[Taxacom] another ebay auction of naming rights

Doug Yanega dyanega at ucr.edu
Wed Oct 21 13:32:52 CDT 2015


This topic has come up for discussion today among the ICZN 
Commissioners, and a few who are not on Taxacom had some significant 
comments. Philippe Bouchet first raised the following point, and Sven 
Kullander has let me forward this follow-up from him:

"Especially in the light of the Nagoya Protocol on ABS, the future of 
taxonomy largely depends on it being considered non-commercial. The sale 
of nomenclatural acts is certainly not non-commercial, and may further 
complicate negotiations for international transfer of samples, field 
work, and the reputation of taxonomists as providing service for the 
Common Good. (The US has not signed the ABS protocol, but will most 
likely respect it.)"

The point he mentions (that Philippe first raised) is one that has not 
been previously emphasized here; if it becomes widely perceived that 
taxonomy is a commercial enterprise (even if not for profit, it IS still 
commercial as most people define it), the entire taxonomic community may 
suffer from the backlash, even if the backlash is not deserved. But we 
are not really in a position to divorce ourselves from it, either, even 
if individual institutions do not engage in the practice of auctions. 
After all, if Museum X loans specimens to Museum Y, and Museum Y runs an 
auction using some of those specimens, then Museum X has been involved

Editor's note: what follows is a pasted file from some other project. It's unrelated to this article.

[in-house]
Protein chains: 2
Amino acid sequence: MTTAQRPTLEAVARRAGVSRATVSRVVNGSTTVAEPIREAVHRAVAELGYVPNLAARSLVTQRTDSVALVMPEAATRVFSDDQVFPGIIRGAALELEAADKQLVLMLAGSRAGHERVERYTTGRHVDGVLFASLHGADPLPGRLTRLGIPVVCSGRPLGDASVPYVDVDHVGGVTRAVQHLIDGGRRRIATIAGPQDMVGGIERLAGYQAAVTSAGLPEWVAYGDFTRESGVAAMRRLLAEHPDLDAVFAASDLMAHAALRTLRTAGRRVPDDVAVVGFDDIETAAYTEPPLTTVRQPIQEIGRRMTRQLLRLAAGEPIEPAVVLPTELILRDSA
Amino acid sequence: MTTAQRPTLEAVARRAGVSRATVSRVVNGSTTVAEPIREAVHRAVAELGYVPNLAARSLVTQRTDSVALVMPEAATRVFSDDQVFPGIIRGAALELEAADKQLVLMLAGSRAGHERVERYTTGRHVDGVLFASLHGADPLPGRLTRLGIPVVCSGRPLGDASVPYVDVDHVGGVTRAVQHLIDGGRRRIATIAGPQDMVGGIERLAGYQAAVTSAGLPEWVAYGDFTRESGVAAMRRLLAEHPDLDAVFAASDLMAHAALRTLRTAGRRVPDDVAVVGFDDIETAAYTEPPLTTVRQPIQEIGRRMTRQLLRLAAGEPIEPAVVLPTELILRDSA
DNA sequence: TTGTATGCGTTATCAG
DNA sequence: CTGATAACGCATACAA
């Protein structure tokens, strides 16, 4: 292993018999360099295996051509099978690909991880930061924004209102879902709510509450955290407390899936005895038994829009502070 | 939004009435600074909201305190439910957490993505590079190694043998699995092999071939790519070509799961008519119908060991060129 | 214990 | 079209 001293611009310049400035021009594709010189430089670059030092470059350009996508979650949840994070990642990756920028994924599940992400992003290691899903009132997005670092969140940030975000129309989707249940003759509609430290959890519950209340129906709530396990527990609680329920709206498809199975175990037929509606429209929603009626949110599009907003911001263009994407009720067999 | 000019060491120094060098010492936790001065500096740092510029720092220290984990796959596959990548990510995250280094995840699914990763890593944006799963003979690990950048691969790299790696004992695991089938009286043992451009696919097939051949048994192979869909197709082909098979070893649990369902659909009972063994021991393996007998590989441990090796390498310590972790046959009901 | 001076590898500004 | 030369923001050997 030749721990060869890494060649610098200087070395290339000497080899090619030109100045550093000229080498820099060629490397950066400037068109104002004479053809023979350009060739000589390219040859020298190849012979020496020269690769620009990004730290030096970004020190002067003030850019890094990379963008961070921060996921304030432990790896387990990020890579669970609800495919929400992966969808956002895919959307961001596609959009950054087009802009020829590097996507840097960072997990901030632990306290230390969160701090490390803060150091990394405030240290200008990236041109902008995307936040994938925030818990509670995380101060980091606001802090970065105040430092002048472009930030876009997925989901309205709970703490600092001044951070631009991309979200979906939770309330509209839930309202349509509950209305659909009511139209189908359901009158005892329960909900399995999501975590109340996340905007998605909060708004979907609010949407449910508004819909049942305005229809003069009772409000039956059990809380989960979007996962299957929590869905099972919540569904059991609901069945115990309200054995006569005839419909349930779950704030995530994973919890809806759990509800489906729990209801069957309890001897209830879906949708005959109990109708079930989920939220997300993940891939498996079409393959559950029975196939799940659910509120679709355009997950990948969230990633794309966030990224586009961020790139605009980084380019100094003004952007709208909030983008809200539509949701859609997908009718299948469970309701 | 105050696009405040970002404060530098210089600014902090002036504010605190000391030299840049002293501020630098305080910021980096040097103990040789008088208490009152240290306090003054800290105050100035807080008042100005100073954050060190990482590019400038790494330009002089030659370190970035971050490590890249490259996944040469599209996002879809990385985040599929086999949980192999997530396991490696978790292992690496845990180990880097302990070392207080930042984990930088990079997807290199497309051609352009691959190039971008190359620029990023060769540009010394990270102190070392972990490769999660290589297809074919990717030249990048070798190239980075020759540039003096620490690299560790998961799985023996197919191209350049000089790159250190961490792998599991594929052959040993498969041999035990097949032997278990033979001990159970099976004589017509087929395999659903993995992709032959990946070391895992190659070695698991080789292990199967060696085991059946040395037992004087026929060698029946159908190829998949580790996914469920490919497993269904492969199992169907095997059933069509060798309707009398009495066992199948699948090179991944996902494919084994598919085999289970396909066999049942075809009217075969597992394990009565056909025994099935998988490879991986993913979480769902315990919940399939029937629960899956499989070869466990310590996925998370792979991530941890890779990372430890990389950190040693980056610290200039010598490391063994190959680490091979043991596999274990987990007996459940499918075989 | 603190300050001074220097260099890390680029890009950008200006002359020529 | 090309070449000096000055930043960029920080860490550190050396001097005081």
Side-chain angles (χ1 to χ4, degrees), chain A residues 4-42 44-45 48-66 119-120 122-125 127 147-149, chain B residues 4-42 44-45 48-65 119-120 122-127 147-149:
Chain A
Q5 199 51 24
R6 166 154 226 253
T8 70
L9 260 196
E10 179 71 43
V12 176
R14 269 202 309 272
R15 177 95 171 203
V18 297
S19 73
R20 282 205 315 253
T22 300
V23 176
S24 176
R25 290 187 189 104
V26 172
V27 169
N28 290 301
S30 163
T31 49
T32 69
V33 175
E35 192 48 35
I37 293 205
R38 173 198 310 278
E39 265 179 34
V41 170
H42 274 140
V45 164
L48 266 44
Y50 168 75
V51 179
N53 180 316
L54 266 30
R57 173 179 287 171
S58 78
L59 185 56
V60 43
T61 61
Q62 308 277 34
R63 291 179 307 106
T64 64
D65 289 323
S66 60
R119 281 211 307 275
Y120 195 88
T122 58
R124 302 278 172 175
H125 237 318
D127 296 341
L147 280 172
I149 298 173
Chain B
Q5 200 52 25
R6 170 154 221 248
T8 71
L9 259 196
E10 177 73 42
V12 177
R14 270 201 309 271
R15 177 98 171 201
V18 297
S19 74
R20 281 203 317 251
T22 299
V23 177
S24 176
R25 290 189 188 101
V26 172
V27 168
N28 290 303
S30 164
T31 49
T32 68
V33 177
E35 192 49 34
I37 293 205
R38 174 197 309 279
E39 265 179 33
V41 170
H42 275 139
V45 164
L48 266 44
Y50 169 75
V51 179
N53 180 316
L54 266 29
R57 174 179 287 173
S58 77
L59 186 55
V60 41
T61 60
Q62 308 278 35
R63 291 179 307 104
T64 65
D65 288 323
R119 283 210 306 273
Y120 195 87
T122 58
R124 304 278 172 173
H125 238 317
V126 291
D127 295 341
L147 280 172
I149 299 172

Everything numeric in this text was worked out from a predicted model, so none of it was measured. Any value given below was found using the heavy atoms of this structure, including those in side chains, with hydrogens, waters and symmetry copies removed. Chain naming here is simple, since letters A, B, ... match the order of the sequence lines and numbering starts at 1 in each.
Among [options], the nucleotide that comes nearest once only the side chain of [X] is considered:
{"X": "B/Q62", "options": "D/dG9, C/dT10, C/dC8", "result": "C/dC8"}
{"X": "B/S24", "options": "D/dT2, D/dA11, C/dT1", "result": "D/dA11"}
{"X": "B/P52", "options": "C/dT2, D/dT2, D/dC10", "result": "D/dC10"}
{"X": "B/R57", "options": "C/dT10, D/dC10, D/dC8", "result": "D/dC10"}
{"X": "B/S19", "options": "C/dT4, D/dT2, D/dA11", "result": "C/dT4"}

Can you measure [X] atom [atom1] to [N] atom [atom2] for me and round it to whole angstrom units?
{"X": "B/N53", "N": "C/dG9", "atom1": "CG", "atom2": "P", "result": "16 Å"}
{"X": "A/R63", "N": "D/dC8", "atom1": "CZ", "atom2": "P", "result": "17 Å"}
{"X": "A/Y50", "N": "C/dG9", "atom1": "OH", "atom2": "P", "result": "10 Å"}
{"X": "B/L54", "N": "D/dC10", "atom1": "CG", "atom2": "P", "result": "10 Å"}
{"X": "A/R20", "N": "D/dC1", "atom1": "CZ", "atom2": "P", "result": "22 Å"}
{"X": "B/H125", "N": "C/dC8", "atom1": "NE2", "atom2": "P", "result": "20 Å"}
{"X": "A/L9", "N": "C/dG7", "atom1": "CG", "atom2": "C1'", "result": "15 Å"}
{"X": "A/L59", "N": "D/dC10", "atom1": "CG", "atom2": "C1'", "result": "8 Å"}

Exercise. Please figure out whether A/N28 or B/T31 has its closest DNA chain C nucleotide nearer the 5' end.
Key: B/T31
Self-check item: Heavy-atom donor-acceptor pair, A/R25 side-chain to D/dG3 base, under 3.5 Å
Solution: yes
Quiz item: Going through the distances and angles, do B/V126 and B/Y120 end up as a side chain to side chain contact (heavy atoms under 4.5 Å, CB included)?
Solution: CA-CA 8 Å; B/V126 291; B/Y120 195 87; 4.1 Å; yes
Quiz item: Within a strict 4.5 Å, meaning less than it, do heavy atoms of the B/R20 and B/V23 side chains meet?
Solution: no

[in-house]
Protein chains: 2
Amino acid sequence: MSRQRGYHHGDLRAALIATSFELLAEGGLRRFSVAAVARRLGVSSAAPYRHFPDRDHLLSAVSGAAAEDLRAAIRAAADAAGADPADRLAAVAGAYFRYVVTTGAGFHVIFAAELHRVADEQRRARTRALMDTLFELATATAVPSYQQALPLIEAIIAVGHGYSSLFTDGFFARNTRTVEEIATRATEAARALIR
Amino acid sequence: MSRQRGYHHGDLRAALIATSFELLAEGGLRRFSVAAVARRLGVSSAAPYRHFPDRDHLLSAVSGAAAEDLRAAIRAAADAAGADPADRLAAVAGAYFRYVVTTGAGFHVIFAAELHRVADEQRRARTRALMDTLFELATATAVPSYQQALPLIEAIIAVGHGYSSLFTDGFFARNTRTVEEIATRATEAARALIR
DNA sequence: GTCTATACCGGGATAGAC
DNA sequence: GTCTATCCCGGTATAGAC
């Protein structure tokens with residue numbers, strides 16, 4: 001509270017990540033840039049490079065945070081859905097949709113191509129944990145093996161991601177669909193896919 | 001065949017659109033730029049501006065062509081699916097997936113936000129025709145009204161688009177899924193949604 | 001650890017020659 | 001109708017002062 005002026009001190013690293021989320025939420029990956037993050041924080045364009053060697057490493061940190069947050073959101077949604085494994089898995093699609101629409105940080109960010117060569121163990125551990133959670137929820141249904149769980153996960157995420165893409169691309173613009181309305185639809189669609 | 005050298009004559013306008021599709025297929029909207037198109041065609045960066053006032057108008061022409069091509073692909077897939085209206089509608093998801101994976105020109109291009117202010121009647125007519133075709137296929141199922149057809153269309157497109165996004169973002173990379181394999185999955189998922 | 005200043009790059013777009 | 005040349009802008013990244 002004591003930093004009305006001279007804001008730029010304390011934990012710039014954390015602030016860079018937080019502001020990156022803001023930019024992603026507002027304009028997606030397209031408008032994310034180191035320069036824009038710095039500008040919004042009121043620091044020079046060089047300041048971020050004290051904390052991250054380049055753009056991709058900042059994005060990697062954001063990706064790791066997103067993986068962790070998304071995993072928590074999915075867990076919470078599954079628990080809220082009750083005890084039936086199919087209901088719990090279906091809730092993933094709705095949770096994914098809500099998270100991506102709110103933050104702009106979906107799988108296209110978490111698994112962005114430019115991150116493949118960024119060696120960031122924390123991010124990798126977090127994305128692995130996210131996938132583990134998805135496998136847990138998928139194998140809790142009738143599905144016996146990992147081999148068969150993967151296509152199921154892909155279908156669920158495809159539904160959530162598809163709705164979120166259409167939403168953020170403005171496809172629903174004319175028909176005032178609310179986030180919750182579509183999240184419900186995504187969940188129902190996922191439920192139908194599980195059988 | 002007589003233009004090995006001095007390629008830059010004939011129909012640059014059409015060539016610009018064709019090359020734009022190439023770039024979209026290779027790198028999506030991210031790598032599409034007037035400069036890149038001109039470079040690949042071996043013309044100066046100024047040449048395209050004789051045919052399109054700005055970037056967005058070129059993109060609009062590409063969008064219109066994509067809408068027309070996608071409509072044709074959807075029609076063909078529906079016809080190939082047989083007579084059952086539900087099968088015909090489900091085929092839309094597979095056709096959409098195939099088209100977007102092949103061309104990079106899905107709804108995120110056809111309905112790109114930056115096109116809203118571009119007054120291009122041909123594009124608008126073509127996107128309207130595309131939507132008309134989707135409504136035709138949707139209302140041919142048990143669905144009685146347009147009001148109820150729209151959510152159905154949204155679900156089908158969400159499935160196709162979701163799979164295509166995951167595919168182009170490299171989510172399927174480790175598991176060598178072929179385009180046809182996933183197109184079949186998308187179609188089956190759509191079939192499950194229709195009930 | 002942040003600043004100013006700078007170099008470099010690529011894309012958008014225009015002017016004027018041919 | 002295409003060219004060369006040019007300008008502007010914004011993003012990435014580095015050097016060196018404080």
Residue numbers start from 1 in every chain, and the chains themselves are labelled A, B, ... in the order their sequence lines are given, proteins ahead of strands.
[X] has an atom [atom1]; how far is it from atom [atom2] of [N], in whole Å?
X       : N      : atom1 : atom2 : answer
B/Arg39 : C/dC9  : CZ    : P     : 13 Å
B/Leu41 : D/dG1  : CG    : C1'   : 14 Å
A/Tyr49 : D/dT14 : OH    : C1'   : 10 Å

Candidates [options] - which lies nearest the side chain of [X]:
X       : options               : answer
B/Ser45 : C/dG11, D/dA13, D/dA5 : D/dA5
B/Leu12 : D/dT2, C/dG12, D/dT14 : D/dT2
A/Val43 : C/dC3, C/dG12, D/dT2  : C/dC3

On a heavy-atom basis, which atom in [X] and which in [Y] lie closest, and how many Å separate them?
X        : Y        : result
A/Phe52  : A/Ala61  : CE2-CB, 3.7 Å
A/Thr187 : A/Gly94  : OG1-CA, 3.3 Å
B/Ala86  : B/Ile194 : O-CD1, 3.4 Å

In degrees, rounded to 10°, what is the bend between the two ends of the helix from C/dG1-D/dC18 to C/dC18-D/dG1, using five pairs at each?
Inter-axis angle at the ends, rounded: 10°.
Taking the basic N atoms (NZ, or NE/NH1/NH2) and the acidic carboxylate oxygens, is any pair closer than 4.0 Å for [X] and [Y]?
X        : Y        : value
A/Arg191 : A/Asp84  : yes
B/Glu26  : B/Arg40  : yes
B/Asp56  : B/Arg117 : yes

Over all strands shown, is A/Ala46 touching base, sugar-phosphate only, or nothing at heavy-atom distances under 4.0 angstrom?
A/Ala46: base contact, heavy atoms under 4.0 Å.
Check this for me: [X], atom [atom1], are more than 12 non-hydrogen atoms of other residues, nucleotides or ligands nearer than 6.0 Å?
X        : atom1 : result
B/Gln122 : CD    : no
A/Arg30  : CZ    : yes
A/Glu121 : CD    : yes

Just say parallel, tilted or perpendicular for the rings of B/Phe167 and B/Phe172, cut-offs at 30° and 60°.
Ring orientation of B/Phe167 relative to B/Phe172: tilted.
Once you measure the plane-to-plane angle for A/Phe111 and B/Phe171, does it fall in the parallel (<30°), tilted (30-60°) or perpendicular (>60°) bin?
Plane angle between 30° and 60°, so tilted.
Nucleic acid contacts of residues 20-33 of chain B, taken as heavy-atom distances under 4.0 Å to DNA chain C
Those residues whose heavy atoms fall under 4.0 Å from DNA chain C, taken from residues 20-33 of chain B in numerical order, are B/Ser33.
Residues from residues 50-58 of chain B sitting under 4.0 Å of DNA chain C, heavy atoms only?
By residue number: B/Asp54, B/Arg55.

in an act of commerce. No institution-based researcher collecting 
specimens can guarantee that none of their specimens will ever be used 
for such purposes.

Every package of specimens I mail has a big label on it saying "NO 
COMMERCIAL VALUE" - but that ceases to be true, at least in some 
people's view, I'm sure, if they are used as the basis for an auction. 
While WE might see a distinction, or nuance, public perception counts 
for a LOT, and public perception is easily swayed and frequently 
overzealous; as bad as the situation with the Moustached Kingfisher 
specimen is, imagine how much worse the PR would be if that was a new 
species, and the specimen was associated with a name auction.
This is a significant argument opposing the use of auctions as a 
fund-raising tool, and it is hard to see a good way to counteract this, 
because it is rather fundamental in that we ask for all sorts of legal 
provisions that distinguish academia from commerce, and this does indeed 
undermine that distinction.

Sincerely,

-- 
Doug Yanega      Dept. of Entomology       Entomology Research Museum
Univ. of California, Riverside, CA 92521-0314     skype: dyanega
phone: (951) 827-4315 (disclaimer: opinions are mine, not UCR's)
              http://cache.ucr.edu/~heraty/yanega.html
   "There are some enterprises in which a careful disorderliness
         is the true method" - Herman Melville, Moby Dick, Chap. 82




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